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The coronavirus gives Chewy and Wayfair a lift and some breathing room

April 6, 2020, 7:30 PM UTC

Add Chewy and Wayfair to the small list of retailers getting a boost from the coronavirus lockdown.

Wayfair on Monday said that its revenue growth since the pandemic shut down a big chunk of American life in mid-March has doubled its rate of nearly 20% from the first two months of 2020. That suggests a big jump for the online furniture store as people invest in their home offices and pass some time in quarantine sprucing up their surroundings.

The update sent Wayfair’s battered shares up 39% in midday trading to just over $70.

Yet despite that increase, they’re still worth less than half of what they were a year ago. The relief rally in the Wayfair stock comes a few weeks after the company suggested the outbreak of the virus in China, where 50% of what it sells is made, could disrupt the flow of goods from suppliers to stores.

Wayfair has also struggled to convince Wall Street it can ever turn a profit with its growth-at-all-costs model: In 2019, it lost nearly $1 billion on revenue of $9.13 billion, up 35% over 2018, with heavy spending on advertising to the tune of $1 billion, something Wayfair has pledged to be more strategic about. The company recently laid off 550 workers to rein in its costs.

While American consumers have drastically cut back on discretionary items like clothing in the past month, the need to set up better home offices (all the more given all the Zoom conference calls) as tens of millions work from home indefinitely or beautify homes people are spending enormous amount of time in is proving to be a boon for Wayfair.

What’s more, with stores dark at key rivals like Bed Bath & Beyond, Kohl’s, Macy’s, and Crate & Barrel, Wayfair has less competition to contend with. According to Digital Commerce 360, some 23% of home goods sales in 2018 were online, meaning most of its competition has been sidelined.

“Wayfair’s e-commerce model is uniquely suited to serving customers’ very real needs at this challenging time,” the company’s chief executive, Niraj Shah, said. Wayfair will provide a full fourth-quarter results report in May.

Similarly to Wayfair, Chewy has also been an e-commerce darling, dominating the online pet product market, but doing so unprofitably. Last week, Chewy said that revenue rose 40% in 2019 to just under $5 billion, with a net loss of $252 million.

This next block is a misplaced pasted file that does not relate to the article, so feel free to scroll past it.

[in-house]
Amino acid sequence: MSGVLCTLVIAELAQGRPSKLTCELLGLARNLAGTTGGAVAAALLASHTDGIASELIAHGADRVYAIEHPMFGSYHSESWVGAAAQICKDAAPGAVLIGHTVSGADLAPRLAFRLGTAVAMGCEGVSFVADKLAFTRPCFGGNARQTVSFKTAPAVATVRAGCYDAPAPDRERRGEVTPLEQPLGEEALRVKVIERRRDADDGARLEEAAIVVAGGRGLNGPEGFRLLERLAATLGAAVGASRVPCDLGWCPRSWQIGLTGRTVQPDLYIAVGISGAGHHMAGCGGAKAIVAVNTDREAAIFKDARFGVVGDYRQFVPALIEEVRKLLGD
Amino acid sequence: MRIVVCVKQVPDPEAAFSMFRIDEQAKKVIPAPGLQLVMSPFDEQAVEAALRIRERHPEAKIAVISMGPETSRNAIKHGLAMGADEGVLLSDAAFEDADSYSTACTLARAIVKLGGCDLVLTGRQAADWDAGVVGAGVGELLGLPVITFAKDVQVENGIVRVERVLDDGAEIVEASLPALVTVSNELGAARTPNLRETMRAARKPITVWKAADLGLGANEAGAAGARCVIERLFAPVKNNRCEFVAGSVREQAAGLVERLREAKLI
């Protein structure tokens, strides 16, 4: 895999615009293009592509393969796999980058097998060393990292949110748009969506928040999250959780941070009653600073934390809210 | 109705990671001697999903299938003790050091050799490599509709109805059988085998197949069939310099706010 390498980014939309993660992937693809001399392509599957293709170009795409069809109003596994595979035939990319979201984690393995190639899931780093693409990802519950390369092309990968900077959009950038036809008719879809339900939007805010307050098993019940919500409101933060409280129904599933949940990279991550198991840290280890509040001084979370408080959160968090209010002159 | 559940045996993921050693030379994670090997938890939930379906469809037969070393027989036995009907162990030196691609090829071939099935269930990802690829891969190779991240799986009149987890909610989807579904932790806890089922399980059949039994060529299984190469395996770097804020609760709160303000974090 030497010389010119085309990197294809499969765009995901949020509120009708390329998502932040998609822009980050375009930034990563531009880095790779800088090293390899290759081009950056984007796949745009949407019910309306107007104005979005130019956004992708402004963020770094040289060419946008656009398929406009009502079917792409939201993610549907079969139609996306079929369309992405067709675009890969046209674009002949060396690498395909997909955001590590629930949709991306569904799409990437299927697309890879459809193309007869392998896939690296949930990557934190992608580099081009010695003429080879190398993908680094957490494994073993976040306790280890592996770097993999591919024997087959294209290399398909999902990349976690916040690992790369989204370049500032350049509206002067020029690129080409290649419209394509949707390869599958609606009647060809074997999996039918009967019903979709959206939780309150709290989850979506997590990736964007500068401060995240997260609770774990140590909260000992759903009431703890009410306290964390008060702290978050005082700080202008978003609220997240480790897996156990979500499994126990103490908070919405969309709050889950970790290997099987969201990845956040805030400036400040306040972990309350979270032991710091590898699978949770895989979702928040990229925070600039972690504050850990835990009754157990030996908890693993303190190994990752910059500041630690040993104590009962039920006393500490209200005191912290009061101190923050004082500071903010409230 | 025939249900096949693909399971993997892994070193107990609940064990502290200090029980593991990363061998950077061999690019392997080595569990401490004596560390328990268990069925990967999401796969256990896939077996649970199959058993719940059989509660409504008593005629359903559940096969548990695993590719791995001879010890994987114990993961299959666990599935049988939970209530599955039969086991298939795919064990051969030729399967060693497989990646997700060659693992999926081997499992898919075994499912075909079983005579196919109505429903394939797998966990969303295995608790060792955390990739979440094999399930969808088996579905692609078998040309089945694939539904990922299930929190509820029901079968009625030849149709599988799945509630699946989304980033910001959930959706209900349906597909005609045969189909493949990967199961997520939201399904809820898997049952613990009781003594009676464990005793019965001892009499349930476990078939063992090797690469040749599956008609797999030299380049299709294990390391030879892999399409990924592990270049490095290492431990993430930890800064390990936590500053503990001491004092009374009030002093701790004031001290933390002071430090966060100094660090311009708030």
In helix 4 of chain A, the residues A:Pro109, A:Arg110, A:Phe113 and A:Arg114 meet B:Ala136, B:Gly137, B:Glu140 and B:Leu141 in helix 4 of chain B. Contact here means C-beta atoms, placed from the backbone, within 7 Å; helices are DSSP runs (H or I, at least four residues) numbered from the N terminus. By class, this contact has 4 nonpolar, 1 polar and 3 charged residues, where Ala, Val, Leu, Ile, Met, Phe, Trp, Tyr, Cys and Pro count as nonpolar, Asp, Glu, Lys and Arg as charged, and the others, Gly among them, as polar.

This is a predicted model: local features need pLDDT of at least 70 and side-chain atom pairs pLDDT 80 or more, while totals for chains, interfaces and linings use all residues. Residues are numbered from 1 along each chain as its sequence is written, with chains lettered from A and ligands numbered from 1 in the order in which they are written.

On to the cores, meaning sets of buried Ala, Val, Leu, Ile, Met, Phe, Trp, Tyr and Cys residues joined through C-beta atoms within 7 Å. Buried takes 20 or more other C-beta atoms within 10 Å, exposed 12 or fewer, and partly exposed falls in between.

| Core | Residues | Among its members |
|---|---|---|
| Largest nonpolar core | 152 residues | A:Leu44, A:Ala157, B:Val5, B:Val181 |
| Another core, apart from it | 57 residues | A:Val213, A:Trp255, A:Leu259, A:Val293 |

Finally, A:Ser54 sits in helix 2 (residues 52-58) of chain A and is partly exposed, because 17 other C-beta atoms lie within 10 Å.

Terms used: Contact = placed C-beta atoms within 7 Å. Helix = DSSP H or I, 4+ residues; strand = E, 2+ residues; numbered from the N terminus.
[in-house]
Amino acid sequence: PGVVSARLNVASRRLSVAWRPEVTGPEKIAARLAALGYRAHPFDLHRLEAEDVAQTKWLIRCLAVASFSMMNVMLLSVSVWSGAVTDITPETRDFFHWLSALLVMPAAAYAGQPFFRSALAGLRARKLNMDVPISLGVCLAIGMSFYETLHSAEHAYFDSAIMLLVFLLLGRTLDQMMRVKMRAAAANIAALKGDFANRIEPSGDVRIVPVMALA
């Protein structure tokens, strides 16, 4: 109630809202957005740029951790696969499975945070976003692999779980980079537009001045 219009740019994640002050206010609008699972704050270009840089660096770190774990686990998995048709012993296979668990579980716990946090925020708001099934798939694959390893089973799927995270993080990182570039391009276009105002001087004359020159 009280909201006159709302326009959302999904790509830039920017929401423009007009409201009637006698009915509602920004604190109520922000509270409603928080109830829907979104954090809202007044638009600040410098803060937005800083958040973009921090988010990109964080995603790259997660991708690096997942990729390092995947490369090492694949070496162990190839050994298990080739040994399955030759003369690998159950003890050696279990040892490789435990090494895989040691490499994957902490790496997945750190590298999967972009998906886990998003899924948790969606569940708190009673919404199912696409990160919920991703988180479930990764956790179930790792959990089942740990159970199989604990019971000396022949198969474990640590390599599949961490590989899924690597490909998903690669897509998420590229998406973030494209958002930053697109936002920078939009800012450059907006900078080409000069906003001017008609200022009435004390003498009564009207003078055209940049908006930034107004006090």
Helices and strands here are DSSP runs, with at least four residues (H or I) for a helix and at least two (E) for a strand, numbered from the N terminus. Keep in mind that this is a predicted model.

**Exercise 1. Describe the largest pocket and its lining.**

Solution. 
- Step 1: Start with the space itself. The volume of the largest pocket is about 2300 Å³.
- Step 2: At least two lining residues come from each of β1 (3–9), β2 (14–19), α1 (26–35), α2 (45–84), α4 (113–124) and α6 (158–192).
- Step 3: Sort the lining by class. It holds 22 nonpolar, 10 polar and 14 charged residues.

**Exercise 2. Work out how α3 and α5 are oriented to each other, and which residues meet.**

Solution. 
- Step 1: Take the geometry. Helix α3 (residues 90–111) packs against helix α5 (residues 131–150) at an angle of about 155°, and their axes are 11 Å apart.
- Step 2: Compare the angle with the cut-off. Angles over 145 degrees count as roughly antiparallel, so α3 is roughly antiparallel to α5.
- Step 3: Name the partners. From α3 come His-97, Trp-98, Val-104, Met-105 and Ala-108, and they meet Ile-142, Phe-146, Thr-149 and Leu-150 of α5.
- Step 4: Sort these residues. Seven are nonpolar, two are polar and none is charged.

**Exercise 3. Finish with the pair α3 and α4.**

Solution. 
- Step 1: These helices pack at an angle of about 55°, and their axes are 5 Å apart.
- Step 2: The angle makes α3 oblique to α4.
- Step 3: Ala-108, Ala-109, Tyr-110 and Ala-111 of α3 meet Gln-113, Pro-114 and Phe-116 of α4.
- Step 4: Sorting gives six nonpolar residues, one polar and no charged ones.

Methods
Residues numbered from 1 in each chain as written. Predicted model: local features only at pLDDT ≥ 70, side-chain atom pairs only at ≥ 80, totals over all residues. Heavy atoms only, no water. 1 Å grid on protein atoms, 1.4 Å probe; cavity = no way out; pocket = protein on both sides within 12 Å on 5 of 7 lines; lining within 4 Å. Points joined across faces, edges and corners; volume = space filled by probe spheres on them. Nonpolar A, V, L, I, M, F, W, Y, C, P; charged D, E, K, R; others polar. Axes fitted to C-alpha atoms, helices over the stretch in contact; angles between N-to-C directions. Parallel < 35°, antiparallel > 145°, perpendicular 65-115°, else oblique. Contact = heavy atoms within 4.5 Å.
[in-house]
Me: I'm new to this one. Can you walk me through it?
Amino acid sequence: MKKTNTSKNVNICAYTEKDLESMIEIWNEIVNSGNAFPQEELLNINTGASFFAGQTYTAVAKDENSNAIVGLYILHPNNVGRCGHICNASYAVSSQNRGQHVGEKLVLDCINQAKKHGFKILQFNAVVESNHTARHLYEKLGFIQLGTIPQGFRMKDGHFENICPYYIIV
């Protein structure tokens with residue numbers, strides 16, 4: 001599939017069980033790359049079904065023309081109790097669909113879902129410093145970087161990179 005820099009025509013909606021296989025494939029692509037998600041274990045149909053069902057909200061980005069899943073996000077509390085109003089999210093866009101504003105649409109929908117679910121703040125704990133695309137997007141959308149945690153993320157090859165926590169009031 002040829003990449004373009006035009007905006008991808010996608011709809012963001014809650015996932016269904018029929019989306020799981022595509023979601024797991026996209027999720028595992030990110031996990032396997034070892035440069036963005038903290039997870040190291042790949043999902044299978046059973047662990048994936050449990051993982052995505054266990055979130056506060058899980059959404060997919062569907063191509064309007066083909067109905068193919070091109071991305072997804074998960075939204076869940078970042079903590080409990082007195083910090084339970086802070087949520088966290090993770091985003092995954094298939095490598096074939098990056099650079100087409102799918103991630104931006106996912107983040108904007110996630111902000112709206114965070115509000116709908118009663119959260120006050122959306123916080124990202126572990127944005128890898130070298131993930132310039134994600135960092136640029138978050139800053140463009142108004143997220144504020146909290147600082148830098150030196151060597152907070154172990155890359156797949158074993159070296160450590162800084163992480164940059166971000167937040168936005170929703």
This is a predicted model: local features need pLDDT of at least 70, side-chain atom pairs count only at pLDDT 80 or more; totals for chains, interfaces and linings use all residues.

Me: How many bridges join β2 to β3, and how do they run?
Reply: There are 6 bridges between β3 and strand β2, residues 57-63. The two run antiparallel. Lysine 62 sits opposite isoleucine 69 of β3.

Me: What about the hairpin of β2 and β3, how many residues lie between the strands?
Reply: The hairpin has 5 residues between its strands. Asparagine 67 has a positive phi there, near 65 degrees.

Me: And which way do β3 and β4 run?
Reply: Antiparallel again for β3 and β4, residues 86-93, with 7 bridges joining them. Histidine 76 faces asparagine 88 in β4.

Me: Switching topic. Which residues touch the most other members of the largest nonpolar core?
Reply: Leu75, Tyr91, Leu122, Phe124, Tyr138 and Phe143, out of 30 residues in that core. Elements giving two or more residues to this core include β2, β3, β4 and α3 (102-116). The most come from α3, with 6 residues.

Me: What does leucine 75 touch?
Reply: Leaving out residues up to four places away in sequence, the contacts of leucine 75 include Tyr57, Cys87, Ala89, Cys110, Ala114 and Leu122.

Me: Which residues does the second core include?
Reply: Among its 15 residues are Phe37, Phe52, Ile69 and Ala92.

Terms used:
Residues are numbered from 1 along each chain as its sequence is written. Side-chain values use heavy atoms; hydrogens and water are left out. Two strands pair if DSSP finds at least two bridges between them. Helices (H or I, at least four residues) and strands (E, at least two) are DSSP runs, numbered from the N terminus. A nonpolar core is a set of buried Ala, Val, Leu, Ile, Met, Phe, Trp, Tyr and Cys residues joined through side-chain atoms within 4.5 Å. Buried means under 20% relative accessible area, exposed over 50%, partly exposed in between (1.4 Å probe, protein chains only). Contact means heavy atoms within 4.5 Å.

But the company also reported a surge in revenue in recent weeks as customers reticent to go to stores simply bought items online. Bloomberg News recently reported a surge in pet adoptions in the United States as the pandemic worsened. And new shoppers tend to stick with Chewy once they’ve tried it: 70% of sales come from shoppers using its auto-replenish feature.

“We are seeing a meaningful lift in new customers migrating to our platform as social distancing is practiced more and more,” Chewy CEO Sumit Singh told Yahoo Finance last week, noting that gross margins have improved. The company is also giving itself more time to make its deliveries, given the surge in demand.

Like Wayfair, Chewy has lost hundreds of millions as it carried out its land grab and is under the gun to show Wall Street it can eventually become profitable. Both companies appear to have gotten some unexpected help from the pandemic, perhaps because go-tos like Amazon are focusing efforts on essential supplies right now.

More must-read retail coverage from Fortune:

Which stores are open—and closed—during the coronavirus pandemic in the U.S.?
—How re-commerce players like Poshmark and eBay are adapting to the coronavirus
—How Nike is overcoming the coronavirus impact on its China business
—It may be a while before many of America’s stores open again
—Listen to Leadership Next, a Fortune podcast examining the evolving role of CEO
—WATCH: The greatest designs of modern times

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